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Still, the Burmese government is talking the talk on reform. An April 2011 parliamentary speech by President Thein Sein, describing media as the "fourth pillar" of Burmese society, was followed by other apparent liberalizations such as the watering-down -- for now at least -- of clumsy propaganda against foreign media by the much-lampooned New Light of Myanmar. In the past, this Burmese government mouthpiece panned DVB, along with BBC and VOA, with thick-tongued insults such as "killer broadcasts designed to cause troubles."

However, the new president -- who was an army general and prime minister under the pre-election military dictatorship -- tempered his fourth estate spin by giving Burma's MPs the enigmatic yet ominous-sounding missive that they were "required through media to inform the people about what they should know."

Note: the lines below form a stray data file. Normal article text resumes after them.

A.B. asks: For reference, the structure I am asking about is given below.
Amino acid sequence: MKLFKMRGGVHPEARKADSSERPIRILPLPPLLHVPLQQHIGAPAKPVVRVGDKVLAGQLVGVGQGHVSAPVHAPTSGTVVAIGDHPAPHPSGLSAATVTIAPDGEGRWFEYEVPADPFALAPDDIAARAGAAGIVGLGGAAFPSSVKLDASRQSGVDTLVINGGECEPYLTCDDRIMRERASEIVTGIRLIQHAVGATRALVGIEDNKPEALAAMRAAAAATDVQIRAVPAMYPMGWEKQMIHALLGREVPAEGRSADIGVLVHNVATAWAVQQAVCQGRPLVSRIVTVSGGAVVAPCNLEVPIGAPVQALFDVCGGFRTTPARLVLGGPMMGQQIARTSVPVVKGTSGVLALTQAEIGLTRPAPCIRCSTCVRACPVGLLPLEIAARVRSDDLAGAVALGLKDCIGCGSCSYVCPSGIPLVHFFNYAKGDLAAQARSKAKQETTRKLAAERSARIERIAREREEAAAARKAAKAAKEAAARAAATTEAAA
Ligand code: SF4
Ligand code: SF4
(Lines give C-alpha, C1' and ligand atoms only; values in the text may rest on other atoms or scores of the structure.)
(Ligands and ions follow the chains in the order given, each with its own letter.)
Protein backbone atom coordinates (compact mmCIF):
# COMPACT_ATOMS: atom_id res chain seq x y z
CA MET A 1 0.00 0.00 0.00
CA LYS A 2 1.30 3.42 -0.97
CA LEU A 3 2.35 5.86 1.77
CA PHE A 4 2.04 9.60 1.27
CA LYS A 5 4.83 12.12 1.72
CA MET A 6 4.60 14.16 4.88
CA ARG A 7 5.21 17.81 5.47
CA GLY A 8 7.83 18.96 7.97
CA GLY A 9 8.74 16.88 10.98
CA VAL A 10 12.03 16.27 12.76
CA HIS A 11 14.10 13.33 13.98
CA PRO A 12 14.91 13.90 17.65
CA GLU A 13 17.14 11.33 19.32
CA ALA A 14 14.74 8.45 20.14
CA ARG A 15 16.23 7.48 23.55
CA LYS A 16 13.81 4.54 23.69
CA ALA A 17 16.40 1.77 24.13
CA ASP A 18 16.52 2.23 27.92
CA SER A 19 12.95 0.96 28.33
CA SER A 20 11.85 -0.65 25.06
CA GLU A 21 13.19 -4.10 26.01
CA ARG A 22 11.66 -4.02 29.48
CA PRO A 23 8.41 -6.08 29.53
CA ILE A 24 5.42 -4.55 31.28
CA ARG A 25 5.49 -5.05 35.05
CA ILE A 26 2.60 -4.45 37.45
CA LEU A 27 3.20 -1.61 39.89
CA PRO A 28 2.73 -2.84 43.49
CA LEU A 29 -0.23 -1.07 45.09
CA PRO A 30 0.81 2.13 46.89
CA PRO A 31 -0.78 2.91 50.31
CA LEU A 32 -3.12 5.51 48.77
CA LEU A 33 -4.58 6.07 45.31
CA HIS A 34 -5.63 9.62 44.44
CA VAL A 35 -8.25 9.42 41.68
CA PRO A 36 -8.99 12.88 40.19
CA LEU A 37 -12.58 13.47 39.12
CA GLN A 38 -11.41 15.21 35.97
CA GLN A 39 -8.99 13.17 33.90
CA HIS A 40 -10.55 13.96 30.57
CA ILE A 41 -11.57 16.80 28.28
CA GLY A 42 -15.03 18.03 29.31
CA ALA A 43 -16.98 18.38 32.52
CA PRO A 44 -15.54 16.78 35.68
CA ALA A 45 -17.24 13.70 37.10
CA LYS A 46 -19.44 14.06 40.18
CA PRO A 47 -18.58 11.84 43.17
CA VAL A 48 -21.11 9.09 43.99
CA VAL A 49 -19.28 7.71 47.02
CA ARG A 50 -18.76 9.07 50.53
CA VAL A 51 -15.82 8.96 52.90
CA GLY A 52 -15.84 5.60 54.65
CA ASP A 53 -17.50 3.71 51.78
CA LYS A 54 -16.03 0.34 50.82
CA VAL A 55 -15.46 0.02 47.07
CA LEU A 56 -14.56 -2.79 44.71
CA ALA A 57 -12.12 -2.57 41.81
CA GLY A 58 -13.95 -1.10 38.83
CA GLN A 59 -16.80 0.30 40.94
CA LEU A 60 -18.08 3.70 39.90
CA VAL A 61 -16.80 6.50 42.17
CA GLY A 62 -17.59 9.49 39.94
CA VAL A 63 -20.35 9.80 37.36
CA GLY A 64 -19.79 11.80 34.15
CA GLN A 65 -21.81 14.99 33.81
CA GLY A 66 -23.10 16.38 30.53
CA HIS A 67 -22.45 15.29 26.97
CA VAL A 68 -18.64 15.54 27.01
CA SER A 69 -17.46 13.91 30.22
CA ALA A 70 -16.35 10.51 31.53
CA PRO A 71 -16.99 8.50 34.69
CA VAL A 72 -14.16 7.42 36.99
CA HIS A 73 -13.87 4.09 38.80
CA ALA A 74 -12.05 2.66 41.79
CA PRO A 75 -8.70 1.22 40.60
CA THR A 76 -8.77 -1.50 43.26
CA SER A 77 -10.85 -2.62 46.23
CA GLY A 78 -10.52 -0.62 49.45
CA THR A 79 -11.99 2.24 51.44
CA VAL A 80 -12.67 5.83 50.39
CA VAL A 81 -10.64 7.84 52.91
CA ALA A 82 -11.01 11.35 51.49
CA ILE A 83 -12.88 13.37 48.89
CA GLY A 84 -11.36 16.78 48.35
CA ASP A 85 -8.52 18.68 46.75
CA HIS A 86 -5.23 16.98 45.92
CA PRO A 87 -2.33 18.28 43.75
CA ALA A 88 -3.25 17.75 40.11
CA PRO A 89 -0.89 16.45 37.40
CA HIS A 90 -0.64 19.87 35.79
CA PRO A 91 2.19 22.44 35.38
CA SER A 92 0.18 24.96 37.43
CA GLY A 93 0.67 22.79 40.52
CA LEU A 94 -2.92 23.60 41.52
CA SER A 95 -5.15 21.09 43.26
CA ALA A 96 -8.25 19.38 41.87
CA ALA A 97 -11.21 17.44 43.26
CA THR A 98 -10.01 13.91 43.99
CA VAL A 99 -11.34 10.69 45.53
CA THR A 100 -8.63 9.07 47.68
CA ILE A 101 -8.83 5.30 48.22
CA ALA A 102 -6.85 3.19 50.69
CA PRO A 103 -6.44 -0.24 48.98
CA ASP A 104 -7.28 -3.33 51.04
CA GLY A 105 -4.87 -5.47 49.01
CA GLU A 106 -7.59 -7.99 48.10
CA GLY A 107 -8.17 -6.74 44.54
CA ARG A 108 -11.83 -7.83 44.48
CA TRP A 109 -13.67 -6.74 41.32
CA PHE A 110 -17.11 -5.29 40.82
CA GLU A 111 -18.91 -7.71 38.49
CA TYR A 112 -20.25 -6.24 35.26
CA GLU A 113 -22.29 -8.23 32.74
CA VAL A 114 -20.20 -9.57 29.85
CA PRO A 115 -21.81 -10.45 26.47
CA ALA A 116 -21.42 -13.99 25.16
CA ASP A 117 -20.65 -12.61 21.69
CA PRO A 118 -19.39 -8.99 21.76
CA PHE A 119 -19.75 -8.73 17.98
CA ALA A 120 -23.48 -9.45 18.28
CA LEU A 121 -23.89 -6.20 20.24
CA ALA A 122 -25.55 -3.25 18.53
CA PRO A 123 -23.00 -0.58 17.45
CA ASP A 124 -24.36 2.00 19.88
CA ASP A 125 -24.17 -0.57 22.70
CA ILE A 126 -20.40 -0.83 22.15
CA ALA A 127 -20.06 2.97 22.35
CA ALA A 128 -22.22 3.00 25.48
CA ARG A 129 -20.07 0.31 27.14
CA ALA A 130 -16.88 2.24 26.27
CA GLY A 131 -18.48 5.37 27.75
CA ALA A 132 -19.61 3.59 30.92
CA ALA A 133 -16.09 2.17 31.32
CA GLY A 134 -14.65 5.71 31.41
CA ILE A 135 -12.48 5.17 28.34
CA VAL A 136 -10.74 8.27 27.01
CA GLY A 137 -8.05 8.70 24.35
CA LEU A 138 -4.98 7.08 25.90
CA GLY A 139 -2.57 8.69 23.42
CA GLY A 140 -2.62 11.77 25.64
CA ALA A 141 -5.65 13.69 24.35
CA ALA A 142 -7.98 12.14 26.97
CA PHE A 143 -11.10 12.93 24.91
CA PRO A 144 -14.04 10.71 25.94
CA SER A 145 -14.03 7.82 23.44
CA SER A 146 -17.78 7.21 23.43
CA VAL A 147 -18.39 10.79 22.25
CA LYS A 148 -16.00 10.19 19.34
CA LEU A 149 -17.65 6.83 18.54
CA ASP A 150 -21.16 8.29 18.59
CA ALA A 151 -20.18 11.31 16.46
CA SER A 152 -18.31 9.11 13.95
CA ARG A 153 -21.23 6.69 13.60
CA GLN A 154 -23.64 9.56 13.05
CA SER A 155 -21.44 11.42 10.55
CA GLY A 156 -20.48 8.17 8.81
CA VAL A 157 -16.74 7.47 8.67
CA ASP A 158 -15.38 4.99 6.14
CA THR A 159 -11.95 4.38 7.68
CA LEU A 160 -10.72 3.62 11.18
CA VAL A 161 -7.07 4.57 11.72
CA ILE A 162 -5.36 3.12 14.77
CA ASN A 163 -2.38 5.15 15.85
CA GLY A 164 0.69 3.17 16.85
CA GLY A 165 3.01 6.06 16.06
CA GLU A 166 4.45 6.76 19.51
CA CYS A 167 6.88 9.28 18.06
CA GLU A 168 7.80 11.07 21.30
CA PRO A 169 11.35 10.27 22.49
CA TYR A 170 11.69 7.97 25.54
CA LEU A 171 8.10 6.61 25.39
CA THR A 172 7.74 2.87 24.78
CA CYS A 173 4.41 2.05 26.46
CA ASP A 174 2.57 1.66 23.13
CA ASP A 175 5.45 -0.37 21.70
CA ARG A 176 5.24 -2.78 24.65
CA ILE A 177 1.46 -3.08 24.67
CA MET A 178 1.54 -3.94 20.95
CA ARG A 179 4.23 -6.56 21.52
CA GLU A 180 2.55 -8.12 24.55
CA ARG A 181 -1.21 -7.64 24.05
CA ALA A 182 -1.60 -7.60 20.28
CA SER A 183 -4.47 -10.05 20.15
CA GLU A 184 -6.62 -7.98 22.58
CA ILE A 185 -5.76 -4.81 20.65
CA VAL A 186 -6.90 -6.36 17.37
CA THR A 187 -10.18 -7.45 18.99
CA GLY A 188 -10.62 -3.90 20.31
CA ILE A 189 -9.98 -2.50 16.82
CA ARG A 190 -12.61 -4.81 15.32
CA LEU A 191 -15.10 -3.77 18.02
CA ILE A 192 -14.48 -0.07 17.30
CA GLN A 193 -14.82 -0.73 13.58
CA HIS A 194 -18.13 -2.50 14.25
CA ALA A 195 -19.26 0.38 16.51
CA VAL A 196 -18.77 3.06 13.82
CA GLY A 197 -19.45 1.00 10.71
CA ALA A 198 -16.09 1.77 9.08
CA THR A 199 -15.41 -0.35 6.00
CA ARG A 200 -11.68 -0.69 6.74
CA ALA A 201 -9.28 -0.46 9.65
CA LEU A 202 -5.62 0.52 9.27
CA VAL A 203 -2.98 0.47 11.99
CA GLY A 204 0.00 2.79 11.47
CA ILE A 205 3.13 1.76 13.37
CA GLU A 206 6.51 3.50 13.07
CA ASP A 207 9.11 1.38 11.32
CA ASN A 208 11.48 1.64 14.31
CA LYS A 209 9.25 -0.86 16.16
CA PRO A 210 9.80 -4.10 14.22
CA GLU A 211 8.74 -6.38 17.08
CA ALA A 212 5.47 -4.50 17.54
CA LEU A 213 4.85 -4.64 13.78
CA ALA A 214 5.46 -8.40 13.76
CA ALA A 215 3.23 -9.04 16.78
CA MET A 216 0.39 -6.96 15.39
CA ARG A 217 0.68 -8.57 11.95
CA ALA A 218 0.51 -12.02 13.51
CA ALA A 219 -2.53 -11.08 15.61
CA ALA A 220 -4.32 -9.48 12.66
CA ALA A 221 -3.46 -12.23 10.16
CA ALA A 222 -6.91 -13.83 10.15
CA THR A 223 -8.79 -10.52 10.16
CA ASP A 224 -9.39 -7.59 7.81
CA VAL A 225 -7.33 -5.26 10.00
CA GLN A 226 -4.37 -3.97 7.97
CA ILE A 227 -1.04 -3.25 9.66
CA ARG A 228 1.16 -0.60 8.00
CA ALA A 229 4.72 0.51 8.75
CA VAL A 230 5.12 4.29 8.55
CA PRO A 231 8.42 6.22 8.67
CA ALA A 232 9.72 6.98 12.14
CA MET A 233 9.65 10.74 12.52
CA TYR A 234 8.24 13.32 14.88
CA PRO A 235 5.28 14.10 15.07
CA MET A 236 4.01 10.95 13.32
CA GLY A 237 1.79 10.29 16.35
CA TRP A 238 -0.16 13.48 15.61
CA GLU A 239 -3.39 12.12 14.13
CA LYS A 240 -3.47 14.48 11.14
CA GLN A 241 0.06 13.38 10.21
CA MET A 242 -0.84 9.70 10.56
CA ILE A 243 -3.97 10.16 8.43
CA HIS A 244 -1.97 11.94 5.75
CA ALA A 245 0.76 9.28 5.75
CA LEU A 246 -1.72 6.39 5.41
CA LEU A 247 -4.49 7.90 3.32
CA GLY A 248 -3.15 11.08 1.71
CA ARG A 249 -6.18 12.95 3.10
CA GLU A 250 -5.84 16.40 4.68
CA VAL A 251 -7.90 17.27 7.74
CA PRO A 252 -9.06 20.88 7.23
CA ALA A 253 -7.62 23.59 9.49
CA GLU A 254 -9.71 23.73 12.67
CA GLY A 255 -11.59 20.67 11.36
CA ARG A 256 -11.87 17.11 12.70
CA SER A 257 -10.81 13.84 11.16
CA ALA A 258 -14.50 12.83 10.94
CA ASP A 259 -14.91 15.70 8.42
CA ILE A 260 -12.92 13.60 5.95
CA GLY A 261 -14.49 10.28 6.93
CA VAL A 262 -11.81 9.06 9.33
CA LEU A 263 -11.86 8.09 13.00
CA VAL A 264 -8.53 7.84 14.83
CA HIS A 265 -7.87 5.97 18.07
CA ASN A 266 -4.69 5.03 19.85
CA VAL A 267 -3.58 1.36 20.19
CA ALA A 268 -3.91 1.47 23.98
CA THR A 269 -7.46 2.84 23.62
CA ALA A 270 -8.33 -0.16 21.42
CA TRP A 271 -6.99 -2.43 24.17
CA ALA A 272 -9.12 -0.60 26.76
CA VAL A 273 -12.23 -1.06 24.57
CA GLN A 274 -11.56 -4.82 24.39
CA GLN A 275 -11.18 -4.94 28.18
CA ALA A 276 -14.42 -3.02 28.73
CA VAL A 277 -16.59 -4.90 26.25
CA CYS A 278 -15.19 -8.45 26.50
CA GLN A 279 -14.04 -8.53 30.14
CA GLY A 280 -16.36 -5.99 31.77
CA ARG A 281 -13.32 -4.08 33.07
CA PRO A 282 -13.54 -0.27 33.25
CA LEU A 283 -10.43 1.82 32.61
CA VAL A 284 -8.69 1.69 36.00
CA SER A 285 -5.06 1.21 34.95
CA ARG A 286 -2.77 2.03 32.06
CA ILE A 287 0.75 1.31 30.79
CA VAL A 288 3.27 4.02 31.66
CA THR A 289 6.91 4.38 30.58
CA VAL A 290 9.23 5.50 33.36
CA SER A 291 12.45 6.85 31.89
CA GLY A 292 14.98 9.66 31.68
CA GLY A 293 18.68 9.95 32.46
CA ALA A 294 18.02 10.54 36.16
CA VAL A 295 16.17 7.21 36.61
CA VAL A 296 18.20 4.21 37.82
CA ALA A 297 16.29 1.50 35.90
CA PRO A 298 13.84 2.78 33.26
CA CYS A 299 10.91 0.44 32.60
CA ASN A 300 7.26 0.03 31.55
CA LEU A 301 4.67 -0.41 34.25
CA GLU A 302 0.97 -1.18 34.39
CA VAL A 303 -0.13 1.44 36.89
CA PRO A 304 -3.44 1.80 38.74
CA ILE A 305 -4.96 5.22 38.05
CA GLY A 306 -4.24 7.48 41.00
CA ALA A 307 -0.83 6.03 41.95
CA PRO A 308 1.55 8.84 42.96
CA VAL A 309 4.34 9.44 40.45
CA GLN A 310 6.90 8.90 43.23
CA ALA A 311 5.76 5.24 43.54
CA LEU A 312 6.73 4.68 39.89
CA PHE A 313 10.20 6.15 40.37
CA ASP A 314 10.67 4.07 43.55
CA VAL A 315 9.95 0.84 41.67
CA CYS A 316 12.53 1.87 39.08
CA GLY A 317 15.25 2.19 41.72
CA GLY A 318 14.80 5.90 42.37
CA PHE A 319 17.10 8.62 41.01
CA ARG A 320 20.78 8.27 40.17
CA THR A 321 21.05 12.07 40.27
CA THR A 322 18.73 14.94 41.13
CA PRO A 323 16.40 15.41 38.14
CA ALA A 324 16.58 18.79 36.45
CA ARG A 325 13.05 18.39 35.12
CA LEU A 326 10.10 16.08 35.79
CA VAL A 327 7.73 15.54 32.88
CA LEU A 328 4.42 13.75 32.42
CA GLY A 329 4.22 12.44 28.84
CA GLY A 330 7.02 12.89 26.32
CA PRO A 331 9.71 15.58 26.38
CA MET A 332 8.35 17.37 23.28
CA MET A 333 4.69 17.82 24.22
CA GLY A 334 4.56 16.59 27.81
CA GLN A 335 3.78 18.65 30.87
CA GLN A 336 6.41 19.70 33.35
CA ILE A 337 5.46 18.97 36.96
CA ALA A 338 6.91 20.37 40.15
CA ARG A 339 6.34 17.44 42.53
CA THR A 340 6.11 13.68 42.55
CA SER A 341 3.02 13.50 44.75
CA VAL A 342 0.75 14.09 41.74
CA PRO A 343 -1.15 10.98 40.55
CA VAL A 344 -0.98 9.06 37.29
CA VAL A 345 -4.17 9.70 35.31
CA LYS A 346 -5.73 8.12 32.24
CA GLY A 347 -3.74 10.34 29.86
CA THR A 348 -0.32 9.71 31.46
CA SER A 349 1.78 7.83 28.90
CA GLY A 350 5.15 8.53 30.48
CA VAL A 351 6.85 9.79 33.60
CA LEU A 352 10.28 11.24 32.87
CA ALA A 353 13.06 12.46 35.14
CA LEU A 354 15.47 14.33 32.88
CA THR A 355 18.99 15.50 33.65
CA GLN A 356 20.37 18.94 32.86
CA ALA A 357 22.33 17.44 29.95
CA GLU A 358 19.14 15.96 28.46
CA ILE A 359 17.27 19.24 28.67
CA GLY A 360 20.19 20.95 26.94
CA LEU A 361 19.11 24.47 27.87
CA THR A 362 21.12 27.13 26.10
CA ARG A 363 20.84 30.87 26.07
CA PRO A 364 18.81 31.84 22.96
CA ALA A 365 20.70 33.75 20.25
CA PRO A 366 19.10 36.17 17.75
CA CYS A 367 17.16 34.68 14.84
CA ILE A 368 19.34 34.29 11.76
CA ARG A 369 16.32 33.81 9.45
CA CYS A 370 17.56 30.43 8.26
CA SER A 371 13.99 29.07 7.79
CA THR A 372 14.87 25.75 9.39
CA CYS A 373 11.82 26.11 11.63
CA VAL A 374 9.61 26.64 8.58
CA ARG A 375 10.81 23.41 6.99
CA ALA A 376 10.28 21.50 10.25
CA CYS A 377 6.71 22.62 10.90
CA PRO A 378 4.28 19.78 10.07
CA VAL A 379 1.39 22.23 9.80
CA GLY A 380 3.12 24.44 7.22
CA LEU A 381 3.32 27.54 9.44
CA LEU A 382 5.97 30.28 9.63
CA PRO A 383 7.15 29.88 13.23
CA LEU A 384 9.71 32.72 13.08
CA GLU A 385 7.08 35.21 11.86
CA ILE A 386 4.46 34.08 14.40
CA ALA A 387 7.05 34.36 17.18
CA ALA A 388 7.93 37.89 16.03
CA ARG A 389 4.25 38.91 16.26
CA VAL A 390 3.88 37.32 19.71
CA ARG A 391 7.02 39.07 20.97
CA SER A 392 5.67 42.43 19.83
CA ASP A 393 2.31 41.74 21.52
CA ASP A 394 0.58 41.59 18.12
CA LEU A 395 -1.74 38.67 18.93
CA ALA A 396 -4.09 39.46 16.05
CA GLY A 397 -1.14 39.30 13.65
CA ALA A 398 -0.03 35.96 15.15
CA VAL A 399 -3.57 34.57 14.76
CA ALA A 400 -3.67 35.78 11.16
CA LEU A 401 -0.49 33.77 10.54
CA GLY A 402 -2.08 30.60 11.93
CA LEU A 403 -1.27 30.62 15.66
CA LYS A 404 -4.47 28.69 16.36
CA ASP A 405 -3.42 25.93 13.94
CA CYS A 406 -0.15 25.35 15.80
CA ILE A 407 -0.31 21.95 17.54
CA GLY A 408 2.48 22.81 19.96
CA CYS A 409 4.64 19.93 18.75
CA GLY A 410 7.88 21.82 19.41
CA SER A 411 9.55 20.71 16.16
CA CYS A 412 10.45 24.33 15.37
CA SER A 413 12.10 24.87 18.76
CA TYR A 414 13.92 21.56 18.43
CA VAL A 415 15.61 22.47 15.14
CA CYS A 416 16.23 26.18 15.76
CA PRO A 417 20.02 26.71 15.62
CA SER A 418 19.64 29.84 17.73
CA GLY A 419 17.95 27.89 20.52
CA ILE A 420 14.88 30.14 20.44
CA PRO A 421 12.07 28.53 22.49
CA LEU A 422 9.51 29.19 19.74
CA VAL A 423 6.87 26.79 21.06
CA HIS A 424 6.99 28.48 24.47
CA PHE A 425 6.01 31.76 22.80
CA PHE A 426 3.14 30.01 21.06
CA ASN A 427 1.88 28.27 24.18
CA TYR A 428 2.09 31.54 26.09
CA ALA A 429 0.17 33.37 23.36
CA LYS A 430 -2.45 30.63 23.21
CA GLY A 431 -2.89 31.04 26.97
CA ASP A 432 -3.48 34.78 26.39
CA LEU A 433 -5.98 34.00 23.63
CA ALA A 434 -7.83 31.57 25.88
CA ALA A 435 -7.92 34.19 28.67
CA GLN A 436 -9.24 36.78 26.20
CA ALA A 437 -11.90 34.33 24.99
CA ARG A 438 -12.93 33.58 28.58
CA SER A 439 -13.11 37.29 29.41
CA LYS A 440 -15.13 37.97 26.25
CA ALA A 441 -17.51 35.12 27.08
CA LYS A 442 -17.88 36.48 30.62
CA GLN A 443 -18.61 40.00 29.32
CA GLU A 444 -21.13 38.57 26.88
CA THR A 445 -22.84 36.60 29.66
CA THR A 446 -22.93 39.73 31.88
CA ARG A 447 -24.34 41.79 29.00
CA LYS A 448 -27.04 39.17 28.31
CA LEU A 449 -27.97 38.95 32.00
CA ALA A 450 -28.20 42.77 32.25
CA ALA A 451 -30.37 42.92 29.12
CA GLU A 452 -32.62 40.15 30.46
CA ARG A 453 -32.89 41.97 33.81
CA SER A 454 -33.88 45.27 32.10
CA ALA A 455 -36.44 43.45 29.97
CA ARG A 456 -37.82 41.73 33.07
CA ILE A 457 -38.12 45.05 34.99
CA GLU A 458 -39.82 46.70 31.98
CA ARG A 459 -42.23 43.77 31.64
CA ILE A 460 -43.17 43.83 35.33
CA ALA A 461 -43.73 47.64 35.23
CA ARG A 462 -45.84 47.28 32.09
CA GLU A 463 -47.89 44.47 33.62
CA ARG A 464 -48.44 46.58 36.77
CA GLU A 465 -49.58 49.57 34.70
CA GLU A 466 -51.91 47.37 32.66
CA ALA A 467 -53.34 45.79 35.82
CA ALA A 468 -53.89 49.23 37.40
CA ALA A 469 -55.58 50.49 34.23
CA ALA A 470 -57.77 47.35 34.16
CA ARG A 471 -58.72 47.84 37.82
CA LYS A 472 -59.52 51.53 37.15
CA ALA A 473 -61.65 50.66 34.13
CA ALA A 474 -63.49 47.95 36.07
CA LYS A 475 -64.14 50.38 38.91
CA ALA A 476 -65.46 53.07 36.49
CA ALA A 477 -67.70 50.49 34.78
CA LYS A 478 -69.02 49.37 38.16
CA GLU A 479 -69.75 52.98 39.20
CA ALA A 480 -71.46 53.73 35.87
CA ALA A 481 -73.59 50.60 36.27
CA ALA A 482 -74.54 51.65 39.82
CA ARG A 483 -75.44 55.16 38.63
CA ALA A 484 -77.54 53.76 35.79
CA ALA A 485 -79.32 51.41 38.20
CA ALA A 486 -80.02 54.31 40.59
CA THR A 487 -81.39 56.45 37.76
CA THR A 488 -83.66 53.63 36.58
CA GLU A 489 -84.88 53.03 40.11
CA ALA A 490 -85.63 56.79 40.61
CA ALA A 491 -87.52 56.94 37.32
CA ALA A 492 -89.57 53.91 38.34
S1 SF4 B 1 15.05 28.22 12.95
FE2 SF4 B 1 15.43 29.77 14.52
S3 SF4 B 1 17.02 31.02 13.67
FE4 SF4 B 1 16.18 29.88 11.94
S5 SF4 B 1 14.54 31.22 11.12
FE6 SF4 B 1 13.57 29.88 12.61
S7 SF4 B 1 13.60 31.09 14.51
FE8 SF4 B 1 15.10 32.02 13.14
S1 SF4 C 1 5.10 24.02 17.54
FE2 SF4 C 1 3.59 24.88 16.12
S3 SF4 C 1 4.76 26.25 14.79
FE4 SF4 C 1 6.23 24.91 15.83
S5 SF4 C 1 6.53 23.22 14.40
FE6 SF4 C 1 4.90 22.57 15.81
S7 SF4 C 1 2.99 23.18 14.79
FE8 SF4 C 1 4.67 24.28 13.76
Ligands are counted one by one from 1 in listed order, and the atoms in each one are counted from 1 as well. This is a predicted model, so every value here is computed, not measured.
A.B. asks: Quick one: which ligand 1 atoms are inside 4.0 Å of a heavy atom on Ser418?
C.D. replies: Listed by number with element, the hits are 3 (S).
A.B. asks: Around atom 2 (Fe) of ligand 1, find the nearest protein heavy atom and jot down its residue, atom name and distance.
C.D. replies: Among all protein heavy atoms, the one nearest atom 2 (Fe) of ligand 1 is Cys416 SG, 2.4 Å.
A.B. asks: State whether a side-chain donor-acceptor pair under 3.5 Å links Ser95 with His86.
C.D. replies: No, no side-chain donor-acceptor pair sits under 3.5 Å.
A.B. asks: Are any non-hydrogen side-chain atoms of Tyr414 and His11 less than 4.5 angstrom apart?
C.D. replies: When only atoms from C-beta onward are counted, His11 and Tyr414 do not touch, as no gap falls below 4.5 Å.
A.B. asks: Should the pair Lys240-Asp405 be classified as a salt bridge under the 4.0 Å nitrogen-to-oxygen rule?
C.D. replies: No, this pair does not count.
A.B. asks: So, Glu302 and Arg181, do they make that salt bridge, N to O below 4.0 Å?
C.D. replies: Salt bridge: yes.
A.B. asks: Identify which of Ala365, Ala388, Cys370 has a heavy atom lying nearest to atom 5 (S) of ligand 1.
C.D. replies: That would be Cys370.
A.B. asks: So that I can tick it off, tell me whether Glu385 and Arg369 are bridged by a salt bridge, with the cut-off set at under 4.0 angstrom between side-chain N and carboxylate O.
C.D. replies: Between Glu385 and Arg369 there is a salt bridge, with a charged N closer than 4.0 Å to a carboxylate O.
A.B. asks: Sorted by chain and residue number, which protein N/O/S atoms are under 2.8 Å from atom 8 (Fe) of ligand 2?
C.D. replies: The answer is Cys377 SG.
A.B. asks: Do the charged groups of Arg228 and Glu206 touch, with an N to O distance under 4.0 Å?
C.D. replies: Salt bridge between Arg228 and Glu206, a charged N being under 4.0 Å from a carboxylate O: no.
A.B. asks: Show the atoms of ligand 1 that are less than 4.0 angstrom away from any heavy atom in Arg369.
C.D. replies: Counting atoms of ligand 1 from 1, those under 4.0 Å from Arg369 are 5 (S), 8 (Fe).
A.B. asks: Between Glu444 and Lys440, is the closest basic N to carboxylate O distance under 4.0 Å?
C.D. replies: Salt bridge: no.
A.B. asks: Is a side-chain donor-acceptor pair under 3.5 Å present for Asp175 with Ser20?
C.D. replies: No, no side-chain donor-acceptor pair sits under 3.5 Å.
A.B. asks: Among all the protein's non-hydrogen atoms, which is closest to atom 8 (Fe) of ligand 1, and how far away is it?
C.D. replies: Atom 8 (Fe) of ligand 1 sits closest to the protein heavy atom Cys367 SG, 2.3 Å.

A new fish-in-the-barrel target for satirists might be the Burmese information czar, Kyaw Hsan, who followed up a much-derided tearful breakdown at a recent government press conference -- itself a novelty in Burma -- by describing media as "red ants" in a parliamentary debate on Sept. 7, held in Burma's purpose-built but isolated administrative capital Naypyidaw. To some, Kyaw Hsan's speech means little more than the same old restrictions garnished with some unintentionally entertaining rhetoric. "He thinks that the country is not ready for press freedom," said Zin Linn, of the Thailand-based Burma Media Association.